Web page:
2020 Spring Arts Festival: Visual Arts
From the AP Studio Art Class
This work represents the section of the AP Studio Art portfolio titled Sustained Investigation, which represents a series of 10 pieces as a cohesive body of work on a theme of the student’s choice. For the AP, students were also asked to submit a statement discussing their process, and conceptual development. Much of this work was created in the Spring Semester, and students put in tremendous effort to complete their intended pieces despite the shelter-in-place. Portfolios were submitted to the College Board this week, and will be scored this summer. – Jenifer Kent
From the Drawing & Painting Classes
From Drawing II & Painting II
Presented here are drawings and paintings, collages and at least one artwork created via a painting application from a perspective project and a portraiture project. The perspective project tasked students to work from photos that they had taken of mostly urban landscapes. Some students chose to create images from views directly observed out their windows. The portraiture project utilized the grid of zoom. Students brought playfulness into making individual portraits of their classmates, sometimes throwing in a favorite celebrity. Because of the limiting nature of sheltering in place, students were very creative with whatever materials they had on hand, including in one instance shiny blue gum wrappers. Lastly, some students chose to work with still-life. My primary directive has been, follow your curiosity and go with what is inspiring you.
– Lisa Carroll
Drawing & Painting III
This work represents a small series of pieces on a theme of each student’s choice. This is the first project students have done where they are asked to create a series with a conceptual focus, and to work on more than one piece at a time while building their series. The shelter-in-place meant that some media had to be adjusted, and some students have fewer pieces, but the conceptual consistency of each series remains. This project helps to prepare students for more rigorous series work they will create if they take AP Studio Art.
– Jenifer Kent
From the Ceramics Classes
Pottery Projects classes were on a tear, before the Covid-19 closure, producing pottery at a rapid pace with greater and greater skill. When the Ceramics studio closed, we shifted to research, producing Artist Presentations, watching countless videos of master potters, and making sketches. As informative as that was, it hardly equated to the studio practice students signed up for. With admirable perseverance and extremely generous parents, students carved out work space at home and proceeded to make hands-on projects again. What you see in the presentations is the work before and after the closure, an emblazoned demonstration of the UHS will to succeed in the face of adversity.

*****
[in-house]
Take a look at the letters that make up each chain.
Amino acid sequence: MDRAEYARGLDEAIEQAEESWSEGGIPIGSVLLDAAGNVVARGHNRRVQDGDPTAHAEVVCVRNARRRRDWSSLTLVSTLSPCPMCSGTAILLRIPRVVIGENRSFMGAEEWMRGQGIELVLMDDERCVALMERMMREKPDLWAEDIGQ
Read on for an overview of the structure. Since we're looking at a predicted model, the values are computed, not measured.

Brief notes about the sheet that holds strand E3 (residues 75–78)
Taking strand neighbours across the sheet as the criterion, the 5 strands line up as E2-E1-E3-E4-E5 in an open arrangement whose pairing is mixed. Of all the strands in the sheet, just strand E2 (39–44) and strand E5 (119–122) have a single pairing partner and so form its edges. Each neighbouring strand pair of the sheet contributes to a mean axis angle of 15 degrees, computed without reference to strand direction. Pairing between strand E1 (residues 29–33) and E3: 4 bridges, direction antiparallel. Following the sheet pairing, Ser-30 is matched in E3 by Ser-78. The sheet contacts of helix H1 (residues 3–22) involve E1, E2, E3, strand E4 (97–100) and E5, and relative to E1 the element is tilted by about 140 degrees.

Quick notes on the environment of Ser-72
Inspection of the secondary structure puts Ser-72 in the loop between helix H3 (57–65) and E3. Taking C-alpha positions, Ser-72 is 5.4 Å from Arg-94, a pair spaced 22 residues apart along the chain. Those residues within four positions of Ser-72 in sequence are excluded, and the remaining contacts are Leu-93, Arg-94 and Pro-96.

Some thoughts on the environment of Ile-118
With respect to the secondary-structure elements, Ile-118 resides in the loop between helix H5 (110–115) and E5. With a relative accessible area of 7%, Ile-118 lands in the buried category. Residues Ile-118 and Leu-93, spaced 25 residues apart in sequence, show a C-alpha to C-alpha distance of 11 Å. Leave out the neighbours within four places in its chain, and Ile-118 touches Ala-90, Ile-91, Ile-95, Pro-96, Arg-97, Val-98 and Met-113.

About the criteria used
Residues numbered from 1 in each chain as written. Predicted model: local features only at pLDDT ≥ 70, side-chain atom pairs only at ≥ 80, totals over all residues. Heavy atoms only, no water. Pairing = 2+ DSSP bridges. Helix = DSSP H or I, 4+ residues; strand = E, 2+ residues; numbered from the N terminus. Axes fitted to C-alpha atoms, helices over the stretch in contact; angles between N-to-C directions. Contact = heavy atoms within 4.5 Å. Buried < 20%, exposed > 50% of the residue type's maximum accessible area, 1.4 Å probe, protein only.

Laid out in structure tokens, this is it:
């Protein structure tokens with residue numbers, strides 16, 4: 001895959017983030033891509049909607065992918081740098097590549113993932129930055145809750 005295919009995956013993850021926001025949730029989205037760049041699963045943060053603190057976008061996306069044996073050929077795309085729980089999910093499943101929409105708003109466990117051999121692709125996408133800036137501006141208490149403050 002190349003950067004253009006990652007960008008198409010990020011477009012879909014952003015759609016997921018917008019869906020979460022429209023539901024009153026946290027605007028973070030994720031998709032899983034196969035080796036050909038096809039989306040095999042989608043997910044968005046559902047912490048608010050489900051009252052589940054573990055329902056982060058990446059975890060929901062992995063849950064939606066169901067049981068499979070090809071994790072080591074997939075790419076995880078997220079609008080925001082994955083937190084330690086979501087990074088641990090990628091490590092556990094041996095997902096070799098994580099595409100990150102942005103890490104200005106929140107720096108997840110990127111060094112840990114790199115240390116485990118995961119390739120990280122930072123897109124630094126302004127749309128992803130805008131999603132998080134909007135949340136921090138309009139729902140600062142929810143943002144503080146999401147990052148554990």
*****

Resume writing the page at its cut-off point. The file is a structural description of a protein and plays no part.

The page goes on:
Ceramics III was in the midst of a semester long Series Project that required them to develop and explore concept driven work through a group of sculptures. Most of the work shown is work produced at their individual homes, after the closure, under a wide variety of circumstances. Unfortunately, adding transportation to the finishing process of firing and glazing was too much to overcome. However, even without glaze one can see their burgeoning ideas gain traction and clarity.
Heartfelt Thanks go to my students who had almost perfect attendance, worked to the end, and found inventive ways to keep creating despite their world being turned upside down. Double Thanks to the guardians of my students who graciously allowed clay and hot-glue to invade their living rooms, kitchens, and other areas of their previously tidy homes! Bless you for supporting your children’s art endeavors in all the many ways.
- Matt Scheatzle
From the Photography Classes
Photo II: When sheltering in place first began, Photo II students were given an assignment called “Make and Take.” This project required them to “Take” two photos without changing anything in the shot and “Make” two photos that they staged. All four photos were to connect in some way, either aesthetically, conceptually, and/or technically. For their next project, students were asked to create a still life photograph that captured their experience of sheltering in place. Finally, students were asked to create two self-portraits: one of their “true self” and one of their “alter ego.” Please enjoy this awesome work!
I want to give kudos to the Photo II students who seamlessly transitioned in one day(!) from film to digital photography without prior experience, training, or complaint. They possessed such a “can do” spirit while creating such strong work. I also want to thank my TA’s, Eva Kruger, Isabella Caro, and Emma Chin-Hong for Zoom meeting with students to help them with these projects without any prior training. Special Zoom clapping hands to Eva Kruger for doing the assignment alongside the students and including her own self-portraits in the show.
Photo III: Prior to sheltering in place students were working on a comprehensive body of work intended to culminate in a book. Each had chosen a topic and their goal was to link each separate photo into a larger cohesive whole. When they initially chose their theme, they had no idea they would need to complete this task without being able to leave the house! Since they had already started the project, they were challenged to make the photos taken pre-pandemic blend with photos taken under extreme restrictions. Kudos go out to these students for rising to the occasion, utilizing all of their creative skills, and wildly pulling it off. They were such sports and a joy to work with. Thank you, Photo III students! Please enjoy these amazing books!
- Gale Jesi